State regulators approve Eversource’s electric vehicle infrastructure plan
A plan from Eversource to spend about $2 million helping to build out electric vehicle charging infrastructure in New Hampshire was approved by the Public Utilities Commission late Monday.
As more electric vehicles hit the road, many Granite Staters are hoping more public charging stations will pop up, too. But in addition to the plugs and wires that deliver power to an electric car, those stations could also require upgrading parts of the grid – things like poles, wires, substations, and transformers – to provide electricity service in a location that hasn’t had it before, or to meet additional demand at that site.
That’s mostly what Eversource’s proposal – called a “make-ready plan” – will help with. The utility’s funds will work in tandem with a pot of money from a Volkswagen legal settlement dedicated to building charging stations across the state, along with capital from the developers of charging stations.
In 2019, a report commissioned by New Hampshire’s Department of Business and Economic Affairs highlighted “make-ready” investments by utility companies as the most commonly recommended policy that could help develop EV infrastructure in New Hampshire.
A commission convened by the state also recommended authorizing these utility-run programs in 2020.
None of the funds New Hampshire got from the Volkswagen program – about $4.6 million of which are going to EV charging infrastructure through an award program – are available for these programs that would enable utilities to update grid infrastructure for EVs. That’s been a barrier in the past for some towns hoping to install chargers.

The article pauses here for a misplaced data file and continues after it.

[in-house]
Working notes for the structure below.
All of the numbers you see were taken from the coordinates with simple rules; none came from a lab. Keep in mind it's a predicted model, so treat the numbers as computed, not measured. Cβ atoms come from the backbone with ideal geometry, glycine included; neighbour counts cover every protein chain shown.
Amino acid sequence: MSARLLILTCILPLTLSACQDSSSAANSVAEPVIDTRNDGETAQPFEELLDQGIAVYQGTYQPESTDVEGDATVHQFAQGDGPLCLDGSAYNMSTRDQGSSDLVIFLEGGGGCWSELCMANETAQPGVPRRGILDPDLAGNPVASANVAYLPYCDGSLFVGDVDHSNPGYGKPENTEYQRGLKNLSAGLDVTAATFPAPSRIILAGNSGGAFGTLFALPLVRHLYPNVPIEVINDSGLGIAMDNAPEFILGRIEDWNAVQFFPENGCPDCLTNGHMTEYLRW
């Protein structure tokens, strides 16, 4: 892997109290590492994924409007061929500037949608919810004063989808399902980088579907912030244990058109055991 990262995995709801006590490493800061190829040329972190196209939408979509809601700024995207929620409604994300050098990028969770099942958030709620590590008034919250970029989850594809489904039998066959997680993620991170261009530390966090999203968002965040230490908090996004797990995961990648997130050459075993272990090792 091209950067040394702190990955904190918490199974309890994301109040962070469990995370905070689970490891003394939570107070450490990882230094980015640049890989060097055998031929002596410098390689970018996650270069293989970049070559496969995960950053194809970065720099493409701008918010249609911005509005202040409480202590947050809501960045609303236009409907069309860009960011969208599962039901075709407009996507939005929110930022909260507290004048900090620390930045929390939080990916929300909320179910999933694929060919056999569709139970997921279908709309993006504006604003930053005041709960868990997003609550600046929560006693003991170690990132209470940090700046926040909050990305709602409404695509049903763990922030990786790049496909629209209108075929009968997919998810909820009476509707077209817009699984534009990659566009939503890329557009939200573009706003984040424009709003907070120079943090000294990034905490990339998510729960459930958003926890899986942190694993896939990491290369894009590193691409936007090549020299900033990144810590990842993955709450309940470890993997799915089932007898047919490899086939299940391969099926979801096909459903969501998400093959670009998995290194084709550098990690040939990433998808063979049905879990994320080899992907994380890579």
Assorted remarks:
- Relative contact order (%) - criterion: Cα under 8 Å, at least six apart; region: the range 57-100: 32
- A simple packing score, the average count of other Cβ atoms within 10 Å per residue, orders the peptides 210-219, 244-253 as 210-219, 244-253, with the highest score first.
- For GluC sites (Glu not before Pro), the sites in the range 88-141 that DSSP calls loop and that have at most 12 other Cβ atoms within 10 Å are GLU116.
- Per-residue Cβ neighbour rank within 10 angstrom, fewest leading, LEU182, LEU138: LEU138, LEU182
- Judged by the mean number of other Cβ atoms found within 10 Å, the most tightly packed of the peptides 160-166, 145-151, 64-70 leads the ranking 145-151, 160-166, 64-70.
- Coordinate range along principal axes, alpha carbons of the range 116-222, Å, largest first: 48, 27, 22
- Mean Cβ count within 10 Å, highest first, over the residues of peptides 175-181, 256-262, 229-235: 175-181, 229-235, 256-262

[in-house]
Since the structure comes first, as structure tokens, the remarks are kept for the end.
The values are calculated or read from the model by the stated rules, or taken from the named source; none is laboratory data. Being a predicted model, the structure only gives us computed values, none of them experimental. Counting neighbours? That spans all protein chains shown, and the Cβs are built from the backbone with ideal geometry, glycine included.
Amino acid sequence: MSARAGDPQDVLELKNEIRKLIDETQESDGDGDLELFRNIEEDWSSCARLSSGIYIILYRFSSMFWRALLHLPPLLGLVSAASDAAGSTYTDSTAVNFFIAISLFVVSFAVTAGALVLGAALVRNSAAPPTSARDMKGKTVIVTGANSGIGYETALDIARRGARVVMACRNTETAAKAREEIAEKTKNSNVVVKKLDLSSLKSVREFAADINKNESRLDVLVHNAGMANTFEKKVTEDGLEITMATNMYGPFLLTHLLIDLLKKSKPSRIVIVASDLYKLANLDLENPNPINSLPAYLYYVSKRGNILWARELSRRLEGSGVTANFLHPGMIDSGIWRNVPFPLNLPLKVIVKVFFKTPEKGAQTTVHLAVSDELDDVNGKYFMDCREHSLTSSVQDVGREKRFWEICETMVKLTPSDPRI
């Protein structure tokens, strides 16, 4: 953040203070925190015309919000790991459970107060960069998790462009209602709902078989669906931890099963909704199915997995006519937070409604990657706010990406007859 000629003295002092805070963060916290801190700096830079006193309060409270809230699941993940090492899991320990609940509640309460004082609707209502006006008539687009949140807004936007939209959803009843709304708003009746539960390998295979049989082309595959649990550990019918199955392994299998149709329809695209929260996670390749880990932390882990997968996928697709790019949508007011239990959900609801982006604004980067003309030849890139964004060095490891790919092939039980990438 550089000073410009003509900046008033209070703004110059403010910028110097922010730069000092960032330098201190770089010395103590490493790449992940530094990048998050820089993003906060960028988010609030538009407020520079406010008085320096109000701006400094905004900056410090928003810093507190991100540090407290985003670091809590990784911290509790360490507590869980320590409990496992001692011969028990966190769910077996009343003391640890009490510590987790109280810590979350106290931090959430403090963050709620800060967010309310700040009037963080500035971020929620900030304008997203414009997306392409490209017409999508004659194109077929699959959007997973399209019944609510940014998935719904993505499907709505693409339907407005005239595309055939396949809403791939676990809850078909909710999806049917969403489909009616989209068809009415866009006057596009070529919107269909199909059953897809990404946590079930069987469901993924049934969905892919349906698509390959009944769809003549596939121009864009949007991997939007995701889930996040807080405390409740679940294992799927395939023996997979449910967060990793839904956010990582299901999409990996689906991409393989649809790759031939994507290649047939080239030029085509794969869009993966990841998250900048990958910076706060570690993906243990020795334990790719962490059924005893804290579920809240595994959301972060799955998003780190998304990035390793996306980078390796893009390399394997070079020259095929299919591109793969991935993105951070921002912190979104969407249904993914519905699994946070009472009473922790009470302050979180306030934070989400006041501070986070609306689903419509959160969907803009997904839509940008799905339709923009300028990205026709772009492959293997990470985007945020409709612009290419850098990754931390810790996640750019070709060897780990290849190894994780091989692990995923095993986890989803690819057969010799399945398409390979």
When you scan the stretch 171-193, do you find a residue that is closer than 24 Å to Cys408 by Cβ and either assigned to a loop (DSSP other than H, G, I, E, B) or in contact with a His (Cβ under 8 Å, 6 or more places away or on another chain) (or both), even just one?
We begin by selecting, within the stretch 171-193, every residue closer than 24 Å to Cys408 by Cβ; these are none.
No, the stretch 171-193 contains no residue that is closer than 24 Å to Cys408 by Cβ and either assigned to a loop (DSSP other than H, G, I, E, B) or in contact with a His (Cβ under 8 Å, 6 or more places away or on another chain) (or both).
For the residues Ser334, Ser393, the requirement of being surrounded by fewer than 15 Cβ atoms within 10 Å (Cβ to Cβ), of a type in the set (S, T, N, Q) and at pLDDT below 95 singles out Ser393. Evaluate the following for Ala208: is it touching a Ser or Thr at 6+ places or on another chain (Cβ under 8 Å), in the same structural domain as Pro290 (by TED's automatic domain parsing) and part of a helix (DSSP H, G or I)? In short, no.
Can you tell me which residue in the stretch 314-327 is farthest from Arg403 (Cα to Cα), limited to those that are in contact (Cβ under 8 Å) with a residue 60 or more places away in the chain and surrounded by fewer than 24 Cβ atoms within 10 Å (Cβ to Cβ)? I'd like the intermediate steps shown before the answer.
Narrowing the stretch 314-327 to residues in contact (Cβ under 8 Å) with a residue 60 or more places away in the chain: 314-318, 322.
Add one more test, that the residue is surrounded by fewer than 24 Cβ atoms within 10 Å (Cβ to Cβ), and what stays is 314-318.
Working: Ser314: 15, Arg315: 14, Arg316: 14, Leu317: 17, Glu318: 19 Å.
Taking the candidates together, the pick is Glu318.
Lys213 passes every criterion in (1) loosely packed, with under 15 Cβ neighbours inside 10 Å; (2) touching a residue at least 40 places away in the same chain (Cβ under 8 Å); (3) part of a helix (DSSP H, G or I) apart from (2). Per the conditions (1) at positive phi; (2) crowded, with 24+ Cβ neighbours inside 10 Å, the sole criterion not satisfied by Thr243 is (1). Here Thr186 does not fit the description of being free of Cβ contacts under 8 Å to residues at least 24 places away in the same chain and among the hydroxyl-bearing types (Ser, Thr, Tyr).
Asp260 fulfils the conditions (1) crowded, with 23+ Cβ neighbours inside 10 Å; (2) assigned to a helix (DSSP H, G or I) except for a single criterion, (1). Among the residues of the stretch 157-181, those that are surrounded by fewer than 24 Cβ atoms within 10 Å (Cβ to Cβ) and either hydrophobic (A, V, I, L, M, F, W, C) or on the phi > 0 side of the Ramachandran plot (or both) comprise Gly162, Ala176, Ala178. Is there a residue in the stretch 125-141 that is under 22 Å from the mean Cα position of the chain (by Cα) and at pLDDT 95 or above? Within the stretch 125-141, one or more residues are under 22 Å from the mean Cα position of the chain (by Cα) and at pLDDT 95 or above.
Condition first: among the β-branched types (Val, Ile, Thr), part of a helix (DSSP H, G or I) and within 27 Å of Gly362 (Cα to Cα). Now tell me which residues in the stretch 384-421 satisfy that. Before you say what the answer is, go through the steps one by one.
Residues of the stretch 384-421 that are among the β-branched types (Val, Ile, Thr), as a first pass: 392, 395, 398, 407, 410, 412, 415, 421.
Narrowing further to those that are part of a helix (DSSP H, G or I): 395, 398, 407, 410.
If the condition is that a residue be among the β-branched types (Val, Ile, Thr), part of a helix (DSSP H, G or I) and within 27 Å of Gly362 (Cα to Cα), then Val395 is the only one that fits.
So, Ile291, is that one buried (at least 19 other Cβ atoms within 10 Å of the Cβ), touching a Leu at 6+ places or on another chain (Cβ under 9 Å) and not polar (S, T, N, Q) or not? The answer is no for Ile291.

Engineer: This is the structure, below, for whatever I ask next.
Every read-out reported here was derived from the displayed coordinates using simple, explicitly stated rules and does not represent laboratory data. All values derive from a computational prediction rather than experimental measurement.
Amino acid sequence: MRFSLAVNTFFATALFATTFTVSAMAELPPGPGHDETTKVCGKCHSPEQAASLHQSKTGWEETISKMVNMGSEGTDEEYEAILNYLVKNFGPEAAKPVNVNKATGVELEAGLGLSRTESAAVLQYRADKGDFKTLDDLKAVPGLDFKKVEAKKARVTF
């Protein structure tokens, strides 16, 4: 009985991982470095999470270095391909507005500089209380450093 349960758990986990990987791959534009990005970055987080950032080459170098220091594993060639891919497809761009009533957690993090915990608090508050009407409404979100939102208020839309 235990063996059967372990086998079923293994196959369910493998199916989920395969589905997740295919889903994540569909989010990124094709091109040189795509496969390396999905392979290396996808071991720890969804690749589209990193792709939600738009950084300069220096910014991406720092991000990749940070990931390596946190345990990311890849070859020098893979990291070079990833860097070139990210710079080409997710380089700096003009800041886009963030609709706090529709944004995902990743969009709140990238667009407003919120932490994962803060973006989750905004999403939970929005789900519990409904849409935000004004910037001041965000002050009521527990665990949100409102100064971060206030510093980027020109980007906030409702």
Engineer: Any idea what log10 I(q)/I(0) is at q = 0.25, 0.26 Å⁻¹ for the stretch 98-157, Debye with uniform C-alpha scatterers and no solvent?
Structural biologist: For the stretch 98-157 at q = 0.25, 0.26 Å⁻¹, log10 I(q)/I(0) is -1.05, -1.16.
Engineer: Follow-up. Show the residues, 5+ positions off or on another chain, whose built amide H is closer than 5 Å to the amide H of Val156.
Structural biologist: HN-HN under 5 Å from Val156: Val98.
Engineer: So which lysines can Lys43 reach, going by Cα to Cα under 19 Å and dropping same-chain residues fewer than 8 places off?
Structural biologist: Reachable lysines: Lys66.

In Gorham, Eversource estimated the cost of upgrades at more than $1 million, according to Melissa Elander, who works with North Country communities for the advocacy group Clean Energy New Hampshire, which supported Eversource’s proposal.
For Chris Skoglund, director of energy transition at Clean Energy New Hampshire, building out public charging using these kinds of supports is particularly important right now, as the number of electric vehicles on the road is projected to grow.
“For New Hampshire's economy, which is highly dependent upon travel and tourism, it's really important that we have a public charging network built out in advance. And currently, New Hampshire is a bit of an EV charging desert,” he said.
New Hampshire has also submitted a plan for $17 million in federal funding from the National Electric Vehicle Infrastructure program.
State regulators rejected a similar proposal from Unitil in May that also totaled more than $2 million, though that utility has a smaller territory than Eversource. Then, they expressed concern that EV charging would only benefit Unitil’s wealthier customers, and worried that the utility’s charging stations could compete with those built by businesses or municipalities.
In their order approving Eversource’s plan, commissioners said the difference with Eversource’s plan is that there’s a clear cap on expenses, and it’s proportional to the company’s large customer base.